Sociologists studying the event proposed a different explanation. The workers were socially isolated from each other, unable to communicate except during short breaks. They were forced to wear an unpopular uniform, and were under constant supervision. Perhaps most significantly, a new construction project next door was creating a great amount of noise. Researchers found that the frequency and severity of symptoms were tied to individuals’ personal job satisfaction levels, and that coworkers who interacted socially shared similar levels of both. Researchers Sidney M. Stahl and Morty Lebedun concluded that those less “psychologically sophisticated” are more prone to “to somatize or convert their psychological problems into physical disorder.” Mass psychogenic illness, it seems, is perhaps the result of the “wrong” kind of people having the right kind of reactions to stressful or unsustainable situations.
The people of Mattoon, too, psychologically sophisticated or not, were under a great deal of stress. Most sociologists and historians point to wartime exhaustion—the community had endured wartime deprivations for years, with many of its male population absent and at grave risk overseas—and constant fears that the Germans or Japanese might begin using chemical weapons, as reasons why the people of Mattoon may have converted normal symptoms such as headaches, dizziness, and fatigue into stories of a malevolent intruder.
But this was true of much of the country at the time. Something set off the people of Mattoon, who, through a feedback loop of neighborhood reports and newspaper articles, manifested a phantom. And in turn the rest of the country became fascinated by what happened in Mattoon because it gathered the same fears the whole nation was experiencing, literalized them in an eerie lurker. And then when the cause was revealed to be fictional, it was as though Mattoon allowed the whole nation to expiate it anxiety and exhaustion brought on by the war.
The people of Mattoon envisioned a figure who didn’t just menace them, but whose methods and motives remained elusive—a distinctly amorphous presence that also gave shape to their inchoate anxieties. What Mattoon seems to suggest is that sometimes, when presented with an untenable reality, we respond by making the landscape itself eerie.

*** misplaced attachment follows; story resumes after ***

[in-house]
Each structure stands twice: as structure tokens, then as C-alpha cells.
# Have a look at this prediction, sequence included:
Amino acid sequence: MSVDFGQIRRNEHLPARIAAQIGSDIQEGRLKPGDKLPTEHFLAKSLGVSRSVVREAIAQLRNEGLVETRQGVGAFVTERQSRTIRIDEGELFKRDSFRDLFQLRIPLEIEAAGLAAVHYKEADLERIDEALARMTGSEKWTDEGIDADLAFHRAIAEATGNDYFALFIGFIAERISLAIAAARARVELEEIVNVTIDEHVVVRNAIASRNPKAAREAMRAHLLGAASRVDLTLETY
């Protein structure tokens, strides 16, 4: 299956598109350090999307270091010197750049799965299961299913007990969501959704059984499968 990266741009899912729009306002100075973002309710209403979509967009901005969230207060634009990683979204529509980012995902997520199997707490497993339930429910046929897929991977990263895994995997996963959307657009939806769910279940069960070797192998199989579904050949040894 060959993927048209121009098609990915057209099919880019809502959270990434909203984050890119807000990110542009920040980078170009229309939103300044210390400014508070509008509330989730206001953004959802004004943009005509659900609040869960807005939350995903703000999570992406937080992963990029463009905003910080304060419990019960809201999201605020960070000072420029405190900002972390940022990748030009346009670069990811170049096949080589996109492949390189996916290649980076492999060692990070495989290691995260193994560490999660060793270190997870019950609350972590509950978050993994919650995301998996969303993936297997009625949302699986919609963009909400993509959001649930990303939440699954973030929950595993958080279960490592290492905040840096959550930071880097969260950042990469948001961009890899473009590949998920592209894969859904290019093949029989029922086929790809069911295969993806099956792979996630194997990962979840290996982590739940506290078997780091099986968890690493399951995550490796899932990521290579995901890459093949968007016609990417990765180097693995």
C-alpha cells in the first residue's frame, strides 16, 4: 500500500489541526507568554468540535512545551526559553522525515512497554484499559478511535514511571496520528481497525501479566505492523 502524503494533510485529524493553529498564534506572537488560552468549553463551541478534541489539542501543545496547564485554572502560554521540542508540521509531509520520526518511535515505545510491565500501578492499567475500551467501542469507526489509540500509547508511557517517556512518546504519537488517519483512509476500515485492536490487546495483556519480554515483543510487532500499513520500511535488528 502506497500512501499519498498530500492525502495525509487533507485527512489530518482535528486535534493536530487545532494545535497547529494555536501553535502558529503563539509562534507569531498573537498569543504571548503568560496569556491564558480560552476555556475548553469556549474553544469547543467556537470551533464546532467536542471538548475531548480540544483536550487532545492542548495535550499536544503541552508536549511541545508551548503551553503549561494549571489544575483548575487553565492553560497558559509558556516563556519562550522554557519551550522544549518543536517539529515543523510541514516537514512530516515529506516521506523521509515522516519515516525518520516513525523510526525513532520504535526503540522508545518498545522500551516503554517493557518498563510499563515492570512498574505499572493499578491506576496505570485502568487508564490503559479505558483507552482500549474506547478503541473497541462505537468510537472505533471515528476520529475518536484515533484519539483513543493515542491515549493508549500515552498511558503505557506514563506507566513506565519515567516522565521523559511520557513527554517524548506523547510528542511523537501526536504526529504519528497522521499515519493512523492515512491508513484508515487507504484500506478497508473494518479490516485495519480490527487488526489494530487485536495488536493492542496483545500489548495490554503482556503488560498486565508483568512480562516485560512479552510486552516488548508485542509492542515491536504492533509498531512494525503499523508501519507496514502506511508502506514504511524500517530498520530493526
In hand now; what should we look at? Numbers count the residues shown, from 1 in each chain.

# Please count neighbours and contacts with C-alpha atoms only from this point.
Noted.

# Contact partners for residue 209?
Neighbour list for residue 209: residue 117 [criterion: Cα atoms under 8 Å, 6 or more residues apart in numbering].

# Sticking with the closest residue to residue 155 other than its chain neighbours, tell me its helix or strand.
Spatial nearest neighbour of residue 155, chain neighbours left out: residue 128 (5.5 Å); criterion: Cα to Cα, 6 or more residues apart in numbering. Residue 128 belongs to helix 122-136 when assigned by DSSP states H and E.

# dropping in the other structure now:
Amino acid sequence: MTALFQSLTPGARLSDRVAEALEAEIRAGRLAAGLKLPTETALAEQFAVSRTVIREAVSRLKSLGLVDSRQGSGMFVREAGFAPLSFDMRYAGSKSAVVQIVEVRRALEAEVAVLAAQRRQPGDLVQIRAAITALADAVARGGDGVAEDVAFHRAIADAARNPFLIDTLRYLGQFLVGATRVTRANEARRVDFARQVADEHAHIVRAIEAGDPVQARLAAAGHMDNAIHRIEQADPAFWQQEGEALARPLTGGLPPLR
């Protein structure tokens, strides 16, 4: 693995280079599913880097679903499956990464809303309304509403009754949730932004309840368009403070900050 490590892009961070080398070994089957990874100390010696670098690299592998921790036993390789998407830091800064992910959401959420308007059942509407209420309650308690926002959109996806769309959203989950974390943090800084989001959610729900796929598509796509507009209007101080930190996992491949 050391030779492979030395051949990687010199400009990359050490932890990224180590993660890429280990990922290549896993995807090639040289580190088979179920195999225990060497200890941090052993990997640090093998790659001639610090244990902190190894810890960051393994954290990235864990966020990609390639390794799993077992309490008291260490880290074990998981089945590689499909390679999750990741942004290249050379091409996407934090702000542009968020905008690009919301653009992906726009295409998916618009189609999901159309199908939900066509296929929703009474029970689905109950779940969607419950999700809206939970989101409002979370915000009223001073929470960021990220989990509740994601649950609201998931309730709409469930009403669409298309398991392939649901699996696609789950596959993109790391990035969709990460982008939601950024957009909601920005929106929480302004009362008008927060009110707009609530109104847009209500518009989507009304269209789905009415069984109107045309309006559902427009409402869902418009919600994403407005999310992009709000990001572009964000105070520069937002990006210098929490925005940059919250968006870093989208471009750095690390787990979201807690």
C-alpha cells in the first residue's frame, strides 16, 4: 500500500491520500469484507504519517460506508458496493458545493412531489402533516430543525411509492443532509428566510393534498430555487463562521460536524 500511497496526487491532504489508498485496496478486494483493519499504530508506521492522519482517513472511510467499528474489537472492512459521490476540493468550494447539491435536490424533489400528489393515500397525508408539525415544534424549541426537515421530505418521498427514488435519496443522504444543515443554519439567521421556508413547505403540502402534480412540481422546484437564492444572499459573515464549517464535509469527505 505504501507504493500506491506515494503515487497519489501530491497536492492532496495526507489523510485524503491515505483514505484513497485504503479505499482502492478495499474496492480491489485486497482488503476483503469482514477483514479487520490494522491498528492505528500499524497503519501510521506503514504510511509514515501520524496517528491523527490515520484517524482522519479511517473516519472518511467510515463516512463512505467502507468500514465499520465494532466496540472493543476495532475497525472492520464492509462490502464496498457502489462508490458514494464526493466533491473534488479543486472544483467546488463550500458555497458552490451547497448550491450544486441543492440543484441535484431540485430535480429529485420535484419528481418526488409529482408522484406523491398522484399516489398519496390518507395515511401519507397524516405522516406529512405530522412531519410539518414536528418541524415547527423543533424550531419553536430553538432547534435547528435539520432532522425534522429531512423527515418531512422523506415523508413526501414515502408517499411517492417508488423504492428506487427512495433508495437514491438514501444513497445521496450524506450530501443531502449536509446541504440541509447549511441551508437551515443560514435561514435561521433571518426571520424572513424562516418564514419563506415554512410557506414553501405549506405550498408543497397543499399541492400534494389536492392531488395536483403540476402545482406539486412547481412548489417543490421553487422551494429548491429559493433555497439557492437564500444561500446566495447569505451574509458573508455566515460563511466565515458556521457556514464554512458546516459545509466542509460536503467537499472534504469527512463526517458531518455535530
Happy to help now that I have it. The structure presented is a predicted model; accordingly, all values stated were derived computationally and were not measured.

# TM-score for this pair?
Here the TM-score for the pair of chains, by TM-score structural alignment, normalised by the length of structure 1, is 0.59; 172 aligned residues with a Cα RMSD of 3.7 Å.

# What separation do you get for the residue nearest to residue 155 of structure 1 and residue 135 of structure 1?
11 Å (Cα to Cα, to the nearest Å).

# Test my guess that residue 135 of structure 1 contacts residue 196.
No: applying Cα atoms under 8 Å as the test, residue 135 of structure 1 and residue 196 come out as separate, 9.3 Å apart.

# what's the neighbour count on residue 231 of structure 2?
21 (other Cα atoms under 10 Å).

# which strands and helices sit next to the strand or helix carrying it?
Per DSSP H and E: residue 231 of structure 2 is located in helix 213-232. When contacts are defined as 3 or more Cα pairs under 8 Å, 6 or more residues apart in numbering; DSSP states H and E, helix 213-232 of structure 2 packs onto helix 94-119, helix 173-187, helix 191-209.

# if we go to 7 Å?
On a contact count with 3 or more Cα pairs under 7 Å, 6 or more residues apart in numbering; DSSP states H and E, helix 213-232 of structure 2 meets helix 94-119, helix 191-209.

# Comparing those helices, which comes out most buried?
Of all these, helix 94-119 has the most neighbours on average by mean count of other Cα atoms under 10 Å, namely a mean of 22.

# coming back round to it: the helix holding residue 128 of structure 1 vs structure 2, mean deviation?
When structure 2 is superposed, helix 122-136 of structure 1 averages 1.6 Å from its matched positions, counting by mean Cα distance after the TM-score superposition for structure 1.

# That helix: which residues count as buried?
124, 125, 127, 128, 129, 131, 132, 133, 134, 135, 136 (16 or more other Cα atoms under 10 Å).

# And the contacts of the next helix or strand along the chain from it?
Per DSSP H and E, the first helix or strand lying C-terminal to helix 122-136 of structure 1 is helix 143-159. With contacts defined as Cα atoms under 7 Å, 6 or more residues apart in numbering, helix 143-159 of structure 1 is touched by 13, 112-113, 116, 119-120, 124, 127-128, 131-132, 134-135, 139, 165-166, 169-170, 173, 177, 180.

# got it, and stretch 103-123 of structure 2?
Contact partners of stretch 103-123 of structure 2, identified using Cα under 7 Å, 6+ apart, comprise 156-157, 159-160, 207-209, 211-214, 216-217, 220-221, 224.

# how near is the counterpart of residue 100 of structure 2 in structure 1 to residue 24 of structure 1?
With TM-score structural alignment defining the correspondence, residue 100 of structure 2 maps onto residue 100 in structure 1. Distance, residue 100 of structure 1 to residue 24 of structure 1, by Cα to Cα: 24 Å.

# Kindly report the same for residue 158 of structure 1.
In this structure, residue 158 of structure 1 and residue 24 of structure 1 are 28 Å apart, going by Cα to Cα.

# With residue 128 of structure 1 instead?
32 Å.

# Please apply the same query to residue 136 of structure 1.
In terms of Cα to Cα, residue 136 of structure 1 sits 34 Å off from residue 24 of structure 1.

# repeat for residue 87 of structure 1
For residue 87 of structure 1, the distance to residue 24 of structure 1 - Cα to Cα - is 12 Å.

A curious postscript of sorts: This would not be the last instance of a strange intruder gassing individuals. Decades later, the city of Springfield, Missouri, became the scene of a strange series of events. In summer 1987, a man the police dubbed “Ether Eddie” broke into 15 homes and used a cloth soaked with some kind of chemical—perhaps formaldehyde—to subdue a number of women, ranging in age from 8 to 56. Bizarrely, the intruder never attempted to steal anything of value, and never committed sexual assault or any other kind of violence beyond the chemical attacks themselves. As Dave Bowden, one of the detectives working the case, told the media, “He’s getting something out of it, at least in his own mind. We just don’t know what it is.”
After a several-month absence, the bizarre attacks began again the following year. The hysteria built, with residents rushing to install deadbolts on doors and bars on windows, refusing to go out at night, and exhorting their teenage daughters to do the same. Finally, on Friday, August 28, 1988, a woman heard a noise outside her window and found a man, Gary Ray Curtis, trying to pry open a window with a screwdriver. She shot him through the glass, wounding but not killing him. Despite repeated attempts, the police were never able to connect Curtis to the Ether Eddie incidents, let alone divine some kind of motive for the bizarre incidents. Curtis was subsequently sentenced to 10 years solely for the attempted burglary. And though the gas attacks ceased after Curtis’s conviction, they remained officially unsolved.
Colin Dickey is the author of five books of nonfiction, including Ghostland: An American History in Haunted Places, and, most recently, Under the Eye of Power: How Fear of Secret Societies Shapes American Democracy. He also hosts Atlas Obscura’s Monster of the Month.